Be still, and know that I am God . . . (Ps 46:10a)

It is good to give thanks to the Lord, and to sing praises to Your name, O Most High; to declare Your lovingkindness in the morning, and Your faithfulness every night . . . (Ps 91:1-2) 

And we know that all things work together for good to those who love God, to those who are the called according to His purpose.  (Rom 8:28)

Thankfully, the Lord is strong and He desires to carry our burdens, including this very heavy one.  (Mat 11:30) 

In the grieving process, it’s vital to communicate our grief to the Lord.  Feel free to pour out your heart to Him.  We can see this happening in various Psalms.  (Psalm 13; 23:4; 30:11-12; 56)  Note that the psalmist frequently ends in a different emotional state than when he began—often by praising God.  God hears us, and He understands what we’re going through.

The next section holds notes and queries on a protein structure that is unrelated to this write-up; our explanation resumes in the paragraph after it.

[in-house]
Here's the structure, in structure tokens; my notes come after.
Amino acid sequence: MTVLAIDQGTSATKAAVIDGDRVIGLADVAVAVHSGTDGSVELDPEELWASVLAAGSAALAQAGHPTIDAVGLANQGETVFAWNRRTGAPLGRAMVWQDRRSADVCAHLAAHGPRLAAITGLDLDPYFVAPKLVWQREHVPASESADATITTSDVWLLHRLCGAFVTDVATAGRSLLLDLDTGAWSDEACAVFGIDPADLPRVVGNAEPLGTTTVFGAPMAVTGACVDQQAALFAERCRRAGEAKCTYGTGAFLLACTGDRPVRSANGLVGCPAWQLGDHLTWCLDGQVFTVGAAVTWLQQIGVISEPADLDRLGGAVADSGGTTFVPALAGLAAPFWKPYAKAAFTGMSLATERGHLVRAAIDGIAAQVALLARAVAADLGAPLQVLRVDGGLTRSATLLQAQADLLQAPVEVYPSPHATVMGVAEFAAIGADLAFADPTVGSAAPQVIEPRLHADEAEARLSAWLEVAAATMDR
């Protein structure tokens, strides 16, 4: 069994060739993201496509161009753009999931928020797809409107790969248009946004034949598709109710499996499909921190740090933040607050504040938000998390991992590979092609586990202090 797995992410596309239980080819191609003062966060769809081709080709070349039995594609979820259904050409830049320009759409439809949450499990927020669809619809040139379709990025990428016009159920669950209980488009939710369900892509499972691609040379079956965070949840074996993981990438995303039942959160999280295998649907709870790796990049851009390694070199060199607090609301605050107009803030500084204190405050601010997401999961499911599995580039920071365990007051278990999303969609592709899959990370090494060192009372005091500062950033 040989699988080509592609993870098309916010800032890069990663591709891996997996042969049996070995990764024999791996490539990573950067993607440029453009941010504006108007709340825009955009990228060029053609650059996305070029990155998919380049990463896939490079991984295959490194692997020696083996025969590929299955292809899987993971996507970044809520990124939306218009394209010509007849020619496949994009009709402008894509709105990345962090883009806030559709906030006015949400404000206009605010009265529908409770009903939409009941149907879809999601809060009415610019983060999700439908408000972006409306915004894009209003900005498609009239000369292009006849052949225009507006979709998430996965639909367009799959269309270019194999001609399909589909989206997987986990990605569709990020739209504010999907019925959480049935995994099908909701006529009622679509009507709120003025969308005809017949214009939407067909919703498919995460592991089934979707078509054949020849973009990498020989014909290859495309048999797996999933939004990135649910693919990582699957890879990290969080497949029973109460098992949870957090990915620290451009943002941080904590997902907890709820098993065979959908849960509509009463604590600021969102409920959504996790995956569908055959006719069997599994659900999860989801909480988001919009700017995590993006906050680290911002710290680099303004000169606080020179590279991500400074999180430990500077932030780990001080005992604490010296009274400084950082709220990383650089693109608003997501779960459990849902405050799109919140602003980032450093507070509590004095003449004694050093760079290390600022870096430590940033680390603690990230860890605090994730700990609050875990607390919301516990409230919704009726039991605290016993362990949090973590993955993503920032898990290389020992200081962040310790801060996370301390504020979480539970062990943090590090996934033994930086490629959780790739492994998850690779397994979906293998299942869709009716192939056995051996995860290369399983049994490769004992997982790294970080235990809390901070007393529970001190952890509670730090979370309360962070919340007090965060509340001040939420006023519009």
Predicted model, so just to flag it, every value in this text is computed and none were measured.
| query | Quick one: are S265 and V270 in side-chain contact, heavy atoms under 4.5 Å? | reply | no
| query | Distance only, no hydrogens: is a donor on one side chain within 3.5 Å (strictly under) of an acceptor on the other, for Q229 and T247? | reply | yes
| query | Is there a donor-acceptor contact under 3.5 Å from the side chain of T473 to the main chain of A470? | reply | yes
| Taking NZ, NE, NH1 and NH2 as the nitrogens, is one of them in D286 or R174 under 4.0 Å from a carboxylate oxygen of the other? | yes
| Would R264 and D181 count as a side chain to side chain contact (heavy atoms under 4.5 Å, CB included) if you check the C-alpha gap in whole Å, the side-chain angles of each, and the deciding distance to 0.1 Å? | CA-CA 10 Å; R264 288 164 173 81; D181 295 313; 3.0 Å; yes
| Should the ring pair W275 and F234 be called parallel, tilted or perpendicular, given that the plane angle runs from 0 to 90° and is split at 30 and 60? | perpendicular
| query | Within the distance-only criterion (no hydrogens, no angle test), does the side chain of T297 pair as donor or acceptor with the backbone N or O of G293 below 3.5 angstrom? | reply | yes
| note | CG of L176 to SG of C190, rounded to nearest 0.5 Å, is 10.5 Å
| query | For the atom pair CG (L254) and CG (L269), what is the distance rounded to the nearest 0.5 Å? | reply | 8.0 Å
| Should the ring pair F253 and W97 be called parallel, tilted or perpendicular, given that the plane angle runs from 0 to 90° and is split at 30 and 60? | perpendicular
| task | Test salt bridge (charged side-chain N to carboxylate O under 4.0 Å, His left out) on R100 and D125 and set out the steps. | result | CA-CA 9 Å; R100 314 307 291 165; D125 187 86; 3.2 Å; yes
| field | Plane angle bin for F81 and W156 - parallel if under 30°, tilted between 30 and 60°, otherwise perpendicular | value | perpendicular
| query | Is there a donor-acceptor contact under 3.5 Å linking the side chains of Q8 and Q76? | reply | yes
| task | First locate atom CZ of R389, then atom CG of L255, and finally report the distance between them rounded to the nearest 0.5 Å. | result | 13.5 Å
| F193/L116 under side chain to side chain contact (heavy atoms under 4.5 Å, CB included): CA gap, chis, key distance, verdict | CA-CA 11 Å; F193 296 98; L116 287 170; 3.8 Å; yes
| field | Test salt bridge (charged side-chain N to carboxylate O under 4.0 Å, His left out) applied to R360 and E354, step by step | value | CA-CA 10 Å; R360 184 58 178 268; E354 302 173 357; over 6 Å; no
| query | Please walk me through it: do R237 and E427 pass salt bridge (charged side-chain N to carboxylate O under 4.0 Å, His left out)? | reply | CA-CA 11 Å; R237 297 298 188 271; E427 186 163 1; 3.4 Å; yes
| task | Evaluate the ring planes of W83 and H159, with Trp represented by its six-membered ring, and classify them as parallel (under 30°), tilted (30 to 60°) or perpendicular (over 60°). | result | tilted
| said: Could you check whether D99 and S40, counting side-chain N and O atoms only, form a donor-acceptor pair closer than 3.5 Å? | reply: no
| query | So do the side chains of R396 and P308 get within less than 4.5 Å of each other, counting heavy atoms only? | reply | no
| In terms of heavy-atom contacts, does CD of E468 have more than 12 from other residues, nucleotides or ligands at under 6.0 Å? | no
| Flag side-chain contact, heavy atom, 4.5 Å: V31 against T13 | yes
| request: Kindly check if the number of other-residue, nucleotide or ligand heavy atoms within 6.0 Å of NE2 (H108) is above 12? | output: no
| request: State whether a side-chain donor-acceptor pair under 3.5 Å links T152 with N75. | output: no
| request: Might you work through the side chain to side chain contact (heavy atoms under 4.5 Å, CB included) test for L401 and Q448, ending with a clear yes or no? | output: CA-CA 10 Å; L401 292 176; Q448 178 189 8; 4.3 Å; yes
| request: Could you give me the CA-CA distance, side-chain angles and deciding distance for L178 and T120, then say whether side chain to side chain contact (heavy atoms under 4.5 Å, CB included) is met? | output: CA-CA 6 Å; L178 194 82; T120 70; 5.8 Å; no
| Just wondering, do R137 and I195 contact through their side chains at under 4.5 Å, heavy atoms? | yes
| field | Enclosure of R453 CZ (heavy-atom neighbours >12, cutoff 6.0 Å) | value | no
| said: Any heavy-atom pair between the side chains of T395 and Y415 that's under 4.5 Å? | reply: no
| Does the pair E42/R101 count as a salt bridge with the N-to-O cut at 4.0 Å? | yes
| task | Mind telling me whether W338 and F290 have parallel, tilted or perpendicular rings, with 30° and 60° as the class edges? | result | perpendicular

You know my sitting down and my rising up; You understand my thought afar off.  (Ps 139:2)

As we share ourselves with the Lord, we’re able to open our minds to His truths.  We come to sense His love, His faithfulness, and His comfort.  As we turn to the Lord and communicate with Him, His peace settles within us.

Another way in which we can help ourselves as we mourn, is to speak with trusted friends, church members, and relatives about our pain and loss.  Bear one another’s burdens, and so fulfill the law of Christ.  (Gal 6:2)  We, as members of the body of Christ, know that we’re called to “weep with those who weep.”  (Rom 12:15b)  As we share our stories with the Lord and with loved ones, we can actually lessen our grief.

The Lord is the One who is the anchor of our souls (Heb 6:19), and He cares for us.  (1 Pet 5:7)  He is the same yesterday, today, and forever.  (Heb 13:8)  So we KNOW that because the Lord never leaves us, He will forever be our anchor, our beloved, and our security—into eternity.  God bless you.